Label: Intrada Special Collection Volume ISC 146
Date: 1967
Time: 0:43:41
Tracks: 24
Classic 1960's Tiomkin score! SOLD OUT!

Price: - (Sold Out)

  • More Info
  • Track List
  • Doug's Tech Talk
  • Musicians List
  • At last! World premiere release of rousing Dimitri Tiomkin score for action-packed John Wayne western, presented by Universal Pictures, also starring Kirk Douglas, directed by Burt Kennedy. Intrada proudly offers complete score, newly mixed & mastered in full stereo from actual multi-track session masters stored in mint condition in Universal vaults. CD includes terrific opening "Ballad of The War Wagon", sung by Ed Ames. Happily, all "sweetener" elements also survived in perfect condition, allowing Intrada to remix all stereo chorus overdubs for main title, including additional harmonica & piano tracks! Tiomkin creates great main theme for armor-plated gold wagon, then fashions dynamic variations underlining preparations by Wayne & Douglas to destroy it along with villainous owner Bruce Cabot. Latter half of score features several incredible action set-pieces with Tiomkin in spectacular form as he nears end of composing career. Hearing it all in vivid stereo makes for an exciting listen! Great original 1967 artwork campaign plus color stills, text by Julie Kirgo completes this rich package of western music. One of Universal's best previously unreleased 1960's film scores is finally a CD reality. Dimitri Tiomkin conducts.
  • Play all clips

    01. Ballad Of The War Wagon (Sung by Ed Ames) (3:24)
    02. Enter Pierce (1:28)
    03. Dark Street (0:37)
    04. Meeting (1:15)
    05. Lotus Leaf; Fivestone Shaving (1:32)
    06. Livery Stable (1:34)
    07. Lupe (3:00)
    08. Mexican Getaway (0:46)
    09. Bronco Saloon (1:27)
    10. Wading War Wagon (0:42)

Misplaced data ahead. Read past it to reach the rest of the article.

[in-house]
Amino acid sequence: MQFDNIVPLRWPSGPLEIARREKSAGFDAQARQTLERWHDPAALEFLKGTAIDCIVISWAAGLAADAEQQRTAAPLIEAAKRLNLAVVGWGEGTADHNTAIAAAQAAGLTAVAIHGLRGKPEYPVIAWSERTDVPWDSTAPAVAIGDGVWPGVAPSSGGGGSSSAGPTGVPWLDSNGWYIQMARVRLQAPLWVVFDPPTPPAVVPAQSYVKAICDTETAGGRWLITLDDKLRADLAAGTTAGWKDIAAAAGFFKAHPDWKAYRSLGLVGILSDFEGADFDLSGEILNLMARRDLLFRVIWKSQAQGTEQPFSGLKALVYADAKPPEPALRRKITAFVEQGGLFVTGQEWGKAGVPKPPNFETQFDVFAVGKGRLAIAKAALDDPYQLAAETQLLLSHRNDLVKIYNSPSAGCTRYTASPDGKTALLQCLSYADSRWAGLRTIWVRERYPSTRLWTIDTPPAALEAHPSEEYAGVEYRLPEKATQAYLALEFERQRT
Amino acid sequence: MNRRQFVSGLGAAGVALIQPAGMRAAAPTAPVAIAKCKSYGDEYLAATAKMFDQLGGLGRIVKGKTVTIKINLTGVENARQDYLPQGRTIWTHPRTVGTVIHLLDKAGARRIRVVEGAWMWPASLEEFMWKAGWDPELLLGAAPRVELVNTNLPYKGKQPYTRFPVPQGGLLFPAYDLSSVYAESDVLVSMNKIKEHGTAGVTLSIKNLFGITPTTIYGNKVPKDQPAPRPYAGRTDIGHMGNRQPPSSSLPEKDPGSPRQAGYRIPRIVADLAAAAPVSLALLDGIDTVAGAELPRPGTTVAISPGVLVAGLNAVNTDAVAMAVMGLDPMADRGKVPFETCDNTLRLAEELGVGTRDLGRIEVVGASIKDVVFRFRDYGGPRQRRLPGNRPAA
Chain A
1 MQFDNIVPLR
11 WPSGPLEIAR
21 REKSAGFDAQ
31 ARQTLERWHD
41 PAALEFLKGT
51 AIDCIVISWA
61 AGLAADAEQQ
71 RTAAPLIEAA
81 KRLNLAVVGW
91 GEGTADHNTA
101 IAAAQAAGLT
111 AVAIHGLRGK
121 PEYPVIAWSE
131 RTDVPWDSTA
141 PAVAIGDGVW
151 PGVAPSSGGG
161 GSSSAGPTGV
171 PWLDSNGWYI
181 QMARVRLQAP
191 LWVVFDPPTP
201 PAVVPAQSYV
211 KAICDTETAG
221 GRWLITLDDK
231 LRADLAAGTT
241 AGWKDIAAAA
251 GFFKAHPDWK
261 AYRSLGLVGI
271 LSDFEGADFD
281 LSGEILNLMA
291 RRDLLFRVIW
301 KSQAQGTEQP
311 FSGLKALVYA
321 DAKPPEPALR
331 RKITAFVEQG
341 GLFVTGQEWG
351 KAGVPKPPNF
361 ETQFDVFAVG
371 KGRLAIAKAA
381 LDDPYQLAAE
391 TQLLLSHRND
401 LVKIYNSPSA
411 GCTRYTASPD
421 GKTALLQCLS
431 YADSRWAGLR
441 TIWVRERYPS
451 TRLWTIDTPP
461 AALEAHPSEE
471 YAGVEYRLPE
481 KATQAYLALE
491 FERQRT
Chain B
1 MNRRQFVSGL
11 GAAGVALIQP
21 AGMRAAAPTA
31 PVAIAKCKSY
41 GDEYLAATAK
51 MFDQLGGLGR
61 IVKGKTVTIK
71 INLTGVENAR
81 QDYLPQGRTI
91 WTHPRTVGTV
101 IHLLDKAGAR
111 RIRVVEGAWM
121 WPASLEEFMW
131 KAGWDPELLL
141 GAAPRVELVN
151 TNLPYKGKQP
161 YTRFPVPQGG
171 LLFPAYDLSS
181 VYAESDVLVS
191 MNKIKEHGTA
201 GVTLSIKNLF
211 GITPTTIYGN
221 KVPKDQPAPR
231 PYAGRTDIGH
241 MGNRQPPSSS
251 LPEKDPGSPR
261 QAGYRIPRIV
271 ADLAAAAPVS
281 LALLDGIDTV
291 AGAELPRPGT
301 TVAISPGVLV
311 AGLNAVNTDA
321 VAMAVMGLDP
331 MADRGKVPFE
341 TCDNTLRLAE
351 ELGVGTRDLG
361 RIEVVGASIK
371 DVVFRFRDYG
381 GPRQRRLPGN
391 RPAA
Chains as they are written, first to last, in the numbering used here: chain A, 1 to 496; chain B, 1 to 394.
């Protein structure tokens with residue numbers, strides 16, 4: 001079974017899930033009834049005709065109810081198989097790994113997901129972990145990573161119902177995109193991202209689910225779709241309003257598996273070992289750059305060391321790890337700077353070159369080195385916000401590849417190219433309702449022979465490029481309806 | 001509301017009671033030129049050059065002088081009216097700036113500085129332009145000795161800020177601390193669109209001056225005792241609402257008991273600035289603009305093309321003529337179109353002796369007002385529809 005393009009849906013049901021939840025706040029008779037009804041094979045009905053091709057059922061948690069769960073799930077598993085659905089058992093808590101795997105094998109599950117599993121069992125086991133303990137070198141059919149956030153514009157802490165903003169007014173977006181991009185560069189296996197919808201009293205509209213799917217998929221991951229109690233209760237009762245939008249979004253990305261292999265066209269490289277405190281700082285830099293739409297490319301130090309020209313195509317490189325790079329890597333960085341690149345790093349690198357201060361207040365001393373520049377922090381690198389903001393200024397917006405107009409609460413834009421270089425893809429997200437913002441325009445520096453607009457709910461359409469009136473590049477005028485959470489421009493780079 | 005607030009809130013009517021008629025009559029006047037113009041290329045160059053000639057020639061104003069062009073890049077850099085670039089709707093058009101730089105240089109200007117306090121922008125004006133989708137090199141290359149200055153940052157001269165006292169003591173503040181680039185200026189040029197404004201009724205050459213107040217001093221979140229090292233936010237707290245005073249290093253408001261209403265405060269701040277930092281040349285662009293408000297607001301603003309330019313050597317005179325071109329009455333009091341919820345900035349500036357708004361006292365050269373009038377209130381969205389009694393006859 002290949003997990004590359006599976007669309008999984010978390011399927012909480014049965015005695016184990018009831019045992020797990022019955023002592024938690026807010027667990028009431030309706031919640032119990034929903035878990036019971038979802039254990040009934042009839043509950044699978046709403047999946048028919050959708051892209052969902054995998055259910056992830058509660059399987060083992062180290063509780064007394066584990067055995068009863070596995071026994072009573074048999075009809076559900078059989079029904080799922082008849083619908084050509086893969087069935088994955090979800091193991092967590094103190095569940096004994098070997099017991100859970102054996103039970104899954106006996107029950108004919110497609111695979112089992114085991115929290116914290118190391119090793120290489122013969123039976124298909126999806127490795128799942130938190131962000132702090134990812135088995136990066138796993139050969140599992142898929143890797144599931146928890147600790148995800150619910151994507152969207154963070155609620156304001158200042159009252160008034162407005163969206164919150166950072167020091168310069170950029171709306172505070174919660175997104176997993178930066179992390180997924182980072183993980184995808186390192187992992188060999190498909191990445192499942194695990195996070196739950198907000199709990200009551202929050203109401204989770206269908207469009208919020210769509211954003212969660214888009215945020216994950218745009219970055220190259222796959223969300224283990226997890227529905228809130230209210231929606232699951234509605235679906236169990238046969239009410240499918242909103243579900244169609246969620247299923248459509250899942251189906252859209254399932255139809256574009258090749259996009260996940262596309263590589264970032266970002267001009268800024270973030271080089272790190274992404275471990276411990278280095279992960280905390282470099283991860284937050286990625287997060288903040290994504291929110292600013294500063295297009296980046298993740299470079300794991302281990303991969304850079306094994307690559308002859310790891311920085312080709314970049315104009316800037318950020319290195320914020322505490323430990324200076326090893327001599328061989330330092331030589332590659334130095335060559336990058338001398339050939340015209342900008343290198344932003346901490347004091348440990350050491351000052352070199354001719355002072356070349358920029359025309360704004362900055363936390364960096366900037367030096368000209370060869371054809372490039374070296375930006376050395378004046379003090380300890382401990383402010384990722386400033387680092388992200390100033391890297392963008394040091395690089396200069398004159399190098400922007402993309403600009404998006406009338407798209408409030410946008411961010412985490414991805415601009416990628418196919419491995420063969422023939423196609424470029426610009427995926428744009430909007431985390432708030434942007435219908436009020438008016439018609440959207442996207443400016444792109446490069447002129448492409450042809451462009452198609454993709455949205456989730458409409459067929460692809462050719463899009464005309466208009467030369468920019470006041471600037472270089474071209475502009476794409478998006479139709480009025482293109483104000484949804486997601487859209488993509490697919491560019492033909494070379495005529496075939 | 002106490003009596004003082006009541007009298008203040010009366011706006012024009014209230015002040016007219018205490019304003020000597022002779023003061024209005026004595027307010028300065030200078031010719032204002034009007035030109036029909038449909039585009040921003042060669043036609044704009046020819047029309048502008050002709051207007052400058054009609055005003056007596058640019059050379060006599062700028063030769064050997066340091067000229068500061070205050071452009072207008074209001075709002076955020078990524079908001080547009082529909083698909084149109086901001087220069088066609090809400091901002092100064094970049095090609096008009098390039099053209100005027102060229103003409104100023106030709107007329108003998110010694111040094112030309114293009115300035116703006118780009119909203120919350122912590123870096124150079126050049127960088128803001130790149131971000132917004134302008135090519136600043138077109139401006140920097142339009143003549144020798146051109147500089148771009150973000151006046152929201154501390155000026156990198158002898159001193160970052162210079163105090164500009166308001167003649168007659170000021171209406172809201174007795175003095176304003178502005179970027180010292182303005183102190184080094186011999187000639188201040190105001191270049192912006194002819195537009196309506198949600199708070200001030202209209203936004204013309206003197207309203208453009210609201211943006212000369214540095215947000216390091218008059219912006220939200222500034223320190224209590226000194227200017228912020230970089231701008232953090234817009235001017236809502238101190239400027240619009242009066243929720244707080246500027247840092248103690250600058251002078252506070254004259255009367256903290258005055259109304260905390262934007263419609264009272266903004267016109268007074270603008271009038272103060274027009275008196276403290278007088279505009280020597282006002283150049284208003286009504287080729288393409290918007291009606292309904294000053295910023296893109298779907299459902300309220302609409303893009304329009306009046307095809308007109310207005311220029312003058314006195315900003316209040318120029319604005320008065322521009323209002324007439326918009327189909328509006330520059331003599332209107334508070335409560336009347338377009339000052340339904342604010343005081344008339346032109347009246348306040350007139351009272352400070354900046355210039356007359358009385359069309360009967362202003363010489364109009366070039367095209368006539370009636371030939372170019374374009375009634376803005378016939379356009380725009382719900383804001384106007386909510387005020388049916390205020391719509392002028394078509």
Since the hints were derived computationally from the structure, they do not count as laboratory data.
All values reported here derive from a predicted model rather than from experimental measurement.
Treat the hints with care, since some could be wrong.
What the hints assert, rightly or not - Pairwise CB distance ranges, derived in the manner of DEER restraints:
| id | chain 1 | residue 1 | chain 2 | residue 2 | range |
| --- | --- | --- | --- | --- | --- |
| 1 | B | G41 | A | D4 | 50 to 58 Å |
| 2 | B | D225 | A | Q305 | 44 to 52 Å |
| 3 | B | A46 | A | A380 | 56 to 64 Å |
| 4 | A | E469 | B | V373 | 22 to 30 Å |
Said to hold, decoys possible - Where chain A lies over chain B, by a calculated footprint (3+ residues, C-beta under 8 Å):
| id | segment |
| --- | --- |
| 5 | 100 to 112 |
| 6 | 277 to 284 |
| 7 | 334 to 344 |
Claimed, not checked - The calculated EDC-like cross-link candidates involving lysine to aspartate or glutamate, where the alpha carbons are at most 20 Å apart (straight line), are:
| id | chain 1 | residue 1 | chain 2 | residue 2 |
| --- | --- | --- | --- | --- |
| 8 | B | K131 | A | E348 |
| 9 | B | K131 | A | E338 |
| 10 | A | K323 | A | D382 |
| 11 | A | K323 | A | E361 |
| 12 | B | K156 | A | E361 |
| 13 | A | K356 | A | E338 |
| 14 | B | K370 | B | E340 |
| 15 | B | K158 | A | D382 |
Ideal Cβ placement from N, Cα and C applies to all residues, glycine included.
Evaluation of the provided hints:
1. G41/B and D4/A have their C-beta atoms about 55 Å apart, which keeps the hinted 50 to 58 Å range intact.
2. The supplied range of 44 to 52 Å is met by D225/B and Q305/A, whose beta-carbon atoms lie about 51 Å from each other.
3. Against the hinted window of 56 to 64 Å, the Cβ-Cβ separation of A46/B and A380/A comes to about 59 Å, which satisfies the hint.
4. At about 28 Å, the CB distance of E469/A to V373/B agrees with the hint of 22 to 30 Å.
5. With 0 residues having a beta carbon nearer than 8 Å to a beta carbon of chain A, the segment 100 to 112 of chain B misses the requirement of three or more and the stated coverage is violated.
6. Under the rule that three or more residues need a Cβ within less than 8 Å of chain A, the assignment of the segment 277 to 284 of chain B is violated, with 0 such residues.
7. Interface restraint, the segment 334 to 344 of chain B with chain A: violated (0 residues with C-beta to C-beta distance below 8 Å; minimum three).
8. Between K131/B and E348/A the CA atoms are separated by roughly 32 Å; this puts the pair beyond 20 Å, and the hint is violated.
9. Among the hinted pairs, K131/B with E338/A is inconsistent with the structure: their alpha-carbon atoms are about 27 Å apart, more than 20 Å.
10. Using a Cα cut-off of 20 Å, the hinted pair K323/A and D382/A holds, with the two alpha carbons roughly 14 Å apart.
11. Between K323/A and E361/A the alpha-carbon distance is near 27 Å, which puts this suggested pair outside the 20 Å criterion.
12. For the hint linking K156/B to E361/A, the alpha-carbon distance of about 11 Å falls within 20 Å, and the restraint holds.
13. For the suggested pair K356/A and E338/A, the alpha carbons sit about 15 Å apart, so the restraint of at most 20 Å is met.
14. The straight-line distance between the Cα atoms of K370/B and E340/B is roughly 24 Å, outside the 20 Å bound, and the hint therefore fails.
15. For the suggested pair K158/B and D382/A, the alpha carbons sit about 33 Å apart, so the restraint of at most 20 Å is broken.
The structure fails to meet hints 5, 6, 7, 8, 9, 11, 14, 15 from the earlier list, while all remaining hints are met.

11. Friendly Indians (2:58)
    12. Cuarto Cinco (1:32)

    13. Chores; Knife Talk (2:54)
    14. Indian Trades (1:03)
    15. War Wagon; The Bridge; War Wagon Departs (2:41)
    16. Steady Fingers (2:32)
    17. Spool Of Wire (1:01)
    18. Vantage Point (0:31)
    19. Dust Gag; Ambush (5:09)
    20. The Flour Wagon (1:21)
    21. Tatahey (0:26)
    22. Get That Wagon! (2:06)
    23. A New Life (1:02)
    24. Lomax Hits Bottom And End Cast (1:01)

  • Tech Talk From The Producer…

    Dimitri Tiomkin was near the end of a lengthy and prestigious career when he opted to score Universal Pictures’ rousing 1967 western The War Wagon. Unlike many composers for the silver screen who simply ran out of steam in their twilight years, Tiomkin was flourishing with creative ideas and energetic music as he reached the climax of his composing profession. The War Wagon score is classic Tiomkin, full of outdoor melody, unbridled energy and ripe with orchestral color.

    To present this complete score on CD for the first time, Intrada was given access to all of the original multi-track stereo recording session masters recorded at the Goldwyn Studios and stored in pristine condition in the Universal vaults. These recordings were made in the days when 24-track and similar multi-track recording methods had not yet become available. Typically, when making ambitious recordings requiring a large number of tracks, studios would record on multiple rolls of 35mm magnetic film or tape stock and build layers of recorded material that would require synchronizing several film projectors and tape machines to playback the various tracks simultaneously during the mixing phase. It is worth noting in this score, for example, that the opening “Ballad” alone had three separate channels devoted to the orchestra on one roll (high strings on the left, woodwinds, horns and percussion in the center, low strings and remaining brass on the right), three additional channels on another roll incorporating a rhythm section of guitars, bass and drums and still another roll that included separate channels for harmonica and tack piano, all requiring exact synchronization. And that just covered the instrumentalists! Further rolls featured separate channels for a male chorus on the left, female chorus on the right and soloist Ed Ames appropriately getting center stage. It was tempting to present an array of extras at the end of this CD, offering all manner of mixing gimmicks such as the chorus without the soloist, the soloist without the chorus, the tack piano with the rhythm section alone, then with the harmonica, the back-up orchestra without anyone else… all fun perhaps for a moment but, alas, ultimately not a sound listening experience.